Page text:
Just 20 months after announcing their discovery of a new species found in Alaska called the Pachyrhinosaurus perotorum, paleontologists from the Perot Museum of Nature and Science in Dallas have since uncovered a juvenile specimen that came from the same hole in the ground. The scientific paper describing the find – entitled “An immature Pachyrhinosaurus perotorum (Dinosauria: Ceratopsidae) nasal reveals unexpected complexity of craniofacial ontogeny and integument in Pachyrhinosaurus” – was posted late yesterday on the prestigious science journal PLOS ONE, an international, peer-reviewed, open-access online publication featuring reports on primary research from all scientific disciplines. Dallas paleontologist Anthony R. Fiorillo, Ph.D., the Perot Museum’s curator of earth sciences, and Ronald S. Tykoski, Ph.D., fossil preparator at the Museum, co-authored the report.
To read Dr. Fiorillo and Dr. Tykoski’s entire manuscript, go to PLOS ONE at http://dx.plos.org/10.1371/journal.pone.0065802.
“In our early years of work, we initially thought we had only had one age profile – that of an adult. But as the preparation work has continued in recent years on the additional blocks from that same Alaskan expedition site, it was a true ‘aha’ moment to find the younger skull as well,” said Dr. Fiorillo.
Dr. Fiorillo discovered the adult version of the Pachyrhinosaurus perotorum during a return excavation in 2006 to the North Slope (Prince Creek Formation: Maastrichtian) of Alaska, many miles north of the Arctic Circle. In October 2011, the species was formally named Pachyrhinosaurus perotorum in recognition of the Perot family (Margot and Ross Perot and their children) for their long history of commitment and support for science and science education.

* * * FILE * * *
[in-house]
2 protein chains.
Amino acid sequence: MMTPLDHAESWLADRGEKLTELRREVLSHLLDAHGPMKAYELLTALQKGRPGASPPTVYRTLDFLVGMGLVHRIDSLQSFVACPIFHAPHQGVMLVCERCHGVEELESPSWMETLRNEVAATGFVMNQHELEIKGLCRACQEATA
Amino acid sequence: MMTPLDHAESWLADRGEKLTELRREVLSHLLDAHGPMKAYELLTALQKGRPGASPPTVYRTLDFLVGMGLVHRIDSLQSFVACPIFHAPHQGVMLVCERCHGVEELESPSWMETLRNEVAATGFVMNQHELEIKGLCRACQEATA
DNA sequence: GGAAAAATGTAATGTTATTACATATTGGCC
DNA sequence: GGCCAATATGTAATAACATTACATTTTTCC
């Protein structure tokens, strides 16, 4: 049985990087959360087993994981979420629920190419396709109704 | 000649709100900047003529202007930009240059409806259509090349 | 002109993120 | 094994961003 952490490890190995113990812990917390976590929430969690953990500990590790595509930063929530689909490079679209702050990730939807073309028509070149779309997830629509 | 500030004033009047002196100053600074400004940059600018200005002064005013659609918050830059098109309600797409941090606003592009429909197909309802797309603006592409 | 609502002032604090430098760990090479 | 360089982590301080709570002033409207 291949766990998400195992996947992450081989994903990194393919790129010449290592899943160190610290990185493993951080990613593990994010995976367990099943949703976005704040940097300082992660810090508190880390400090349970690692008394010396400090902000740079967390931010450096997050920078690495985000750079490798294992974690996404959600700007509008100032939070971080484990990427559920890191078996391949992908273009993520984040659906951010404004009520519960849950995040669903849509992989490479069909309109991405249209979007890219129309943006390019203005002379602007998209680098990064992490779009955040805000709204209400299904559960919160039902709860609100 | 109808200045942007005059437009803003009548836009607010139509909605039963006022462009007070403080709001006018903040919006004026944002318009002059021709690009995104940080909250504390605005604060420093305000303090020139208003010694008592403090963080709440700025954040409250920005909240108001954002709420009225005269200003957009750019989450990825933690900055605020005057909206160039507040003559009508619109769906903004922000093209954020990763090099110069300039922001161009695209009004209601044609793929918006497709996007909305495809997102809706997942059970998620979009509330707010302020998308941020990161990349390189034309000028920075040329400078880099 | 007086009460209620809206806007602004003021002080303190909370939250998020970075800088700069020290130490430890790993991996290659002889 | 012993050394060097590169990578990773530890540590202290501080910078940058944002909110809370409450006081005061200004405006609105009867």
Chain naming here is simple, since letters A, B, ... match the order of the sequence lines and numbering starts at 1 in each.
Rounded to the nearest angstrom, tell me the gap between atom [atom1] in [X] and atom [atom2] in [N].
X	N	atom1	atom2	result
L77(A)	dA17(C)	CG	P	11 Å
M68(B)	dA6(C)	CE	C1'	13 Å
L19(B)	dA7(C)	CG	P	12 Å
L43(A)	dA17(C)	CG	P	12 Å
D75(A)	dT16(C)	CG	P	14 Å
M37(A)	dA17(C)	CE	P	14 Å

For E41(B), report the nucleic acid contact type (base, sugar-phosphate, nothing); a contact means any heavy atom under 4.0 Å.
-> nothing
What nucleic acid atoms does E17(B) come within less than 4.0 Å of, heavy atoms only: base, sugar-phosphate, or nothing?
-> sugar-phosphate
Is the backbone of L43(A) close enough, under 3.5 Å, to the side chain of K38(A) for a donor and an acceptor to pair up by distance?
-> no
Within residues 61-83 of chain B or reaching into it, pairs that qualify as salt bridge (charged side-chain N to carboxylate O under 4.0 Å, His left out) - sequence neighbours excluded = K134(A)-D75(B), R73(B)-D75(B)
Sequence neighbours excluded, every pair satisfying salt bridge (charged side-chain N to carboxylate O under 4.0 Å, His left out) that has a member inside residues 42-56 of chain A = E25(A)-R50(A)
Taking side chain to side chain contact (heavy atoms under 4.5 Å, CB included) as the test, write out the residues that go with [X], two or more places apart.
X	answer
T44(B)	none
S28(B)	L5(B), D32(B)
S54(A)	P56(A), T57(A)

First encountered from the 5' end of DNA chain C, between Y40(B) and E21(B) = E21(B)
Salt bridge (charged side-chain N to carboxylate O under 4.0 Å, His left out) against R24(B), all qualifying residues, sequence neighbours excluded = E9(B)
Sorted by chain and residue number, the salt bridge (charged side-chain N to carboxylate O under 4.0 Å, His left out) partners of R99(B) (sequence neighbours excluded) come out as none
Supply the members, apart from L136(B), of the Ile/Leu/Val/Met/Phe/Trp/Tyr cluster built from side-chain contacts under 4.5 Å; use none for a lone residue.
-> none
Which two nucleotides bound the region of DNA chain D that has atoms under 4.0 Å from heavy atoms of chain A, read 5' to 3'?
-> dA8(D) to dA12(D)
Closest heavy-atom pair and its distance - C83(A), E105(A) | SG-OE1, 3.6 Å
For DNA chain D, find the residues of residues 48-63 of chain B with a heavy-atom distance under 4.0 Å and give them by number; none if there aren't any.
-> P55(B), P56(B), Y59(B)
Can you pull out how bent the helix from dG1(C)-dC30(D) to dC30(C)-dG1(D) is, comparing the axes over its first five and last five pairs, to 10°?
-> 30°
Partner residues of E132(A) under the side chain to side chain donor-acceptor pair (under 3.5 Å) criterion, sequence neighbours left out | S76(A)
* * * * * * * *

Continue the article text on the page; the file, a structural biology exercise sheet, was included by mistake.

After transporting more than 12,000 pounds of cargo by air and highway from Alaska to the Museum’s paleontology labs in Dallas, the jackets were handed over to Dr. Tykoski, who handles and oversees all the preparation work at the Perot Museum. He and his team of staff and volunteers began the painstakingly slow task of meticulously whittling away the 70 million-year-old sediment that entombed the dinosaur bones.
The discovery of the juvenile came in 2012 when Dr. Tykoski was working on a smallish block about the size of a football focusing on a strip of bone about an inch wide exposed at the surface. One of the key diagnostic features of the Pachyrhinosaurus perotorum is the top of the nose. The juvenile specimen has a small, narrow horn on the snout that, after puberty, grows and thickens into a lumpy, battering ram-like bulge, a mark that distinguishes the Pachyrhinosaurus perotorum.
“After a couple weeks of working on it, our question was ‘what on earth is this?’ It had features on it that looked like the big adult skull of the Pachyrhinosaurus perotorum that we had originally found, yet it was very narrow and skinny and didn’t have the big expanded nose of the adult,” said Dr. Tykoski. “After ruling out all of the possibilities through the process of elimination, we realized this was a juvenile specimen. This provided us a snapshot in the development of the species – and that’s not common – so this was a very exciting moment for us.”
Dr. Fiorillo added that “discoveries like this help us to realize that this unique polar dinosaur isn’t just a trophy on the wall, but was a living, breathing animal.”
“The finding of this juvenile implies that the Artic, which was believed to be too harsh a climate for dinosaurs to survive, was an environment not only ripe for productivity, but shows that the species of Pachyrhinosaurus perotorum was reproducing and living there contentedly,” added Dr. Fiorillo.
Below is an excerpt from the report: